Logging With Steam Power


| November/December 1985



Oregon State Highway Photo

Oregon State Highway Photo.

Collier Memorial State Park located 30 miles north of Klamath Falls, Oregon, in the heart of the Ponderosa pine region is an ideal location for a museum displaying Pacific Northwest logging equipment.

In 1945 Alfred and Andrew Collier of Klamath Falls gave 146 acres of land to the State of Oregon as a memorial to their parents. Two years later the brothers began to construct a museum which would depict the evolution of logging equipment and challenge the visitor to reflect upon the past and improve the present. Today the museum is recognized as having one of the finest collections of logging equipment in the country.

Exhibits include a logger's home-stead, a blacksmith shed, and Pioneer Village, where authentic cabins (including a doctor's office, a store, etc.) are filled with artifacts and show a variety of construction techniques.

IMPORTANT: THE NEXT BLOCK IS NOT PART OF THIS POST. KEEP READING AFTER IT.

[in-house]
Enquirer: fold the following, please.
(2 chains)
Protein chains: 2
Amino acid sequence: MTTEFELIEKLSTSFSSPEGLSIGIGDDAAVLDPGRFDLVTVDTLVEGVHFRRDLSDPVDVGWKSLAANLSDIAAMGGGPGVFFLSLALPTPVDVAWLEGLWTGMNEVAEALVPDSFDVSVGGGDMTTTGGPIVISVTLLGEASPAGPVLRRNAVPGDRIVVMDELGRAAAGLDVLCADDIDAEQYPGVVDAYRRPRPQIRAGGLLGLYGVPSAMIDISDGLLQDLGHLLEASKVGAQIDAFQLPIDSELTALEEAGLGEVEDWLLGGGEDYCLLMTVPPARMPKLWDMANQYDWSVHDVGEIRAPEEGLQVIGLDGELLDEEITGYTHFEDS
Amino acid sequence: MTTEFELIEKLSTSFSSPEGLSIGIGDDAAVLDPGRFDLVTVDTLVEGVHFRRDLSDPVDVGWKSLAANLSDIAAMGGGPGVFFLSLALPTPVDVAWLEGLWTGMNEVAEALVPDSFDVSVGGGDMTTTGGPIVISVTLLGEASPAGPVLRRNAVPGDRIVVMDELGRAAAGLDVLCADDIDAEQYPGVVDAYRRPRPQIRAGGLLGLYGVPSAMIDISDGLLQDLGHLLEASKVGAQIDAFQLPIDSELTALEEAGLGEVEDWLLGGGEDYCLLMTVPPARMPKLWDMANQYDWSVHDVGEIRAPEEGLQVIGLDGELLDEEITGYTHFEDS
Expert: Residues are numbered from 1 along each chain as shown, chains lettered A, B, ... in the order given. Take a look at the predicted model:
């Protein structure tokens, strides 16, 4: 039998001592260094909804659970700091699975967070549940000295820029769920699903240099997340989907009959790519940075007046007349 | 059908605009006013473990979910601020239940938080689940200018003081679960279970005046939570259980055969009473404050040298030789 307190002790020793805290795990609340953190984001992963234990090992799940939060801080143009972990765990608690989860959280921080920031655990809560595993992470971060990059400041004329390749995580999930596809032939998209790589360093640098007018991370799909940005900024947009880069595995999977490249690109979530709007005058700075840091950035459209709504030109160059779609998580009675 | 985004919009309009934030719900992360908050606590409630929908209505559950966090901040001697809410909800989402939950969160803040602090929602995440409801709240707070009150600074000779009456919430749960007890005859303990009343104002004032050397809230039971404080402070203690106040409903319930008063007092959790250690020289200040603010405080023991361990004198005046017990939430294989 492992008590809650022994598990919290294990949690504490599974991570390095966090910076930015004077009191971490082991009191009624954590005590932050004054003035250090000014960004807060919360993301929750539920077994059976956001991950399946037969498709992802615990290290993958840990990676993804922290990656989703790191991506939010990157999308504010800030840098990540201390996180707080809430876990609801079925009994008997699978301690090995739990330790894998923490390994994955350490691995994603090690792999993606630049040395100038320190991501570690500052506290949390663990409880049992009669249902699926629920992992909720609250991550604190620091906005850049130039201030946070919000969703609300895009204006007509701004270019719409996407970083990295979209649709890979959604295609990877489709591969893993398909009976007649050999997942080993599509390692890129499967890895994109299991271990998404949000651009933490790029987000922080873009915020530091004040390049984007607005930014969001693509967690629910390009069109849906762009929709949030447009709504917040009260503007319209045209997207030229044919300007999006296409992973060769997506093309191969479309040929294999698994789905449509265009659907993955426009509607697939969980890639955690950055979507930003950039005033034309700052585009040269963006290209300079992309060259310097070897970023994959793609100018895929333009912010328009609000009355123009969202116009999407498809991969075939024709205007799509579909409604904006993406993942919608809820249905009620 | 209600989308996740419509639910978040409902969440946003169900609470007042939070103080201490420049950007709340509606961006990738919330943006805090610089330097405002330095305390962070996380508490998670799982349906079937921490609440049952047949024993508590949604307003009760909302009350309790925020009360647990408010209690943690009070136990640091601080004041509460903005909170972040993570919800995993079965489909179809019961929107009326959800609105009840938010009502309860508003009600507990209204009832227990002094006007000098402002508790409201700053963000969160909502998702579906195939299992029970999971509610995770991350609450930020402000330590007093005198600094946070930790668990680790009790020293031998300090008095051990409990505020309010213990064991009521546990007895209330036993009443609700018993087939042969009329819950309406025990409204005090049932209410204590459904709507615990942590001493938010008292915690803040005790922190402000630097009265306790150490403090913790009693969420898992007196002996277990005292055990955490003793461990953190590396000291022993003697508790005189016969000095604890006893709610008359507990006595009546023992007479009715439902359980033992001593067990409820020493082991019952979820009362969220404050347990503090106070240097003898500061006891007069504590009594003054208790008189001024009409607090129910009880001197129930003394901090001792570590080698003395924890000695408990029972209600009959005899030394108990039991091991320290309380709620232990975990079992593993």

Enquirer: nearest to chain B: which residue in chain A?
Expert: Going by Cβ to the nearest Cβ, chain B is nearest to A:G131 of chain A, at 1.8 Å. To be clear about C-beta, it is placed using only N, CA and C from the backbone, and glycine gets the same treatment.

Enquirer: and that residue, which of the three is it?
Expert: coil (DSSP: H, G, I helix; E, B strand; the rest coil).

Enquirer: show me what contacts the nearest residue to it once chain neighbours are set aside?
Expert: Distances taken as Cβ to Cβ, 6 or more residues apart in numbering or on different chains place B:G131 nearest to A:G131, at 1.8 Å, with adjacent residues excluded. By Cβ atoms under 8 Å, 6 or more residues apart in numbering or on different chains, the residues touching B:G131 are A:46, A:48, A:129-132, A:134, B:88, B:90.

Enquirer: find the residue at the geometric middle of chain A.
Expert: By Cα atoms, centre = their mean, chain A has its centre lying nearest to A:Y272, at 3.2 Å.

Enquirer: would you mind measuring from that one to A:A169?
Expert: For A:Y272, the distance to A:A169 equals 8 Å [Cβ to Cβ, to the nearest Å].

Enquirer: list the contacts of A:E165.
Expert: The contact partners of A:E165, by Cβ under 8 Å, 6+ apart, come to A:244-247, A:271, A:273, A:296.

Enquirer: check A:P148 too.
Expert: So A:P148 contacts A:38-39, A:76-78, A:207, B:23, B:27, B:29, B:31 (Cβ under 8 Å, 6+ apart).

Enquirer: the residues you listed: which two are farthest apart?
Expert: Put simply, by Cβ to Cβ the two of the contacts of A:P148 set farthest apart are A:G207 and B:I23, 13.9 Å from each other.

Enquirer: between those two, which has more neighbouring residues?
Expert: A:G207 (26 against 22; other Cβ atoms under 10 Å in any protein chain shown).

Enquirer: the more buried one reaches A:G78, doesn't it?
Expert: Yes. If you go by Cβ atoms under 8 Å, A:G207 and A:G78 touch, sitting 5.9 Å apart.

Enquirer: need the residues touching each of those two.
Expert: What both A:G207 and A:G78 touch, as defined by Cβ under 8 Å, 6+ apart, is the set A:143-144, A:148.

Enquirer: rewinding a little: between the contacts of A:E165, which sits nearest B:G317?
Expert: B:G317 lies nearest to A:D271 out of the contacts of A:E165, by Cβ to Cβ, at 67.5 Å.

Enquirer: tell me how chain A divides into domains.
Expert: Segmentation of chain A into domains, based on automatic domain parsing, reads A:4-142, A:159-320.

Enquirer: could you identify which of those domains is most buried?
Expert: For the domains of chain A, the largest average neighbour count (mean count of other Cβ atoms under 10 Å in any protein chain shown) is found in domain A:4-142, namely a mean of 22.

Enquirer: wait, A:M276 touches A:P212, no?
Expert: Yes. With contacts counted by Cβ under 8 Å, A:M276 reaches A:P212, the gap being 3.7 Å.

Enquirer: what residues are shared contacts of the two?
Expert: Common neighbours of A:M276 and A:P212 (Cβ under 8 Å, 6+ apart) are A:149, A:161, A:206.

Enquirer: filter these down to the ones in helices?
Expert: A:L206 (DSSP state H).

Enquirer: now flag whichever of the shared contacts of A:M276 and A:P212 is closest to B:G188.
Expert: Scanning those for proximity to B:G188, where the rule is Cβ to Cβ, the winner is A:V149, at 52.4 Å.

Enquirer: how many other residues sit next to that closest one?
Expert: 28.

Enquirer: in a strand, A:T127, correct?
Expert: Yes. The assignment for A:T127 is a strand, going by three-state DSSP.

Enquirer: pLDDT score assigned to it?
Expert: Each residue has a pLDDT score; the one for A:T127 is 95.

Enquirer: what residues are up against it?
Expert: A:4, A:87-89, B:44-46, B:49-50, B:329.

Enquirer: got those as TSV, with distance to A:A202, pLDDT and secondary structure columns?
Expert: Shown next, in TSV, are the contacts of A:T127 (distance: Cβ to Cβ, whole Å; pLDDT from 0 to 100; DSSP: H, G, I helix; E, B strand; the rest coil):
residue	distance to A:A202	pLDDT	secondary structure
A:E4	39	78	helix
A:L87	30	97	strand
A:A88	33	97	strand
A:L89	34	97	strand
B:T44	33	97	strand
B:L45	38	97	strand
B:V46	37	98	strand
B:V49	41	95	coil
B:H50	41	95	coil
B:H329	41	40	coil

There are three buildings housing skidding and log transporting equipment. Steam was important in the early days of logging, and several examples of donkey engines are shown. These steam engines provided power for skidding logs to loading landings and their use gave rise to colorful jargon such as 'high lead,' 'choker' and 'whistle punk.' There is a narrow gauge steam-powered locomotive and several steam tractors.

This history of Oregon's logging is preserved at a unique logging museum at Collier Memorial State Park, north of Klamath Falls, Klamath.

The history of one of these steam engines is interesting for collectors of such engines. According to Rick Bauman, district manager of Collier State Park, the Aultman-Taylor horizontal boiler steam engine dates from around 1881. It is a 4-wheel horizontal boiler, steam traction engine with spade grousers. It is 9 feet high, 9 feet wide and 21 feet long and weighs 27,000 pounds. Steam engines were used extensively in logging pine and also in hauling lumber, as this engine was originally used for.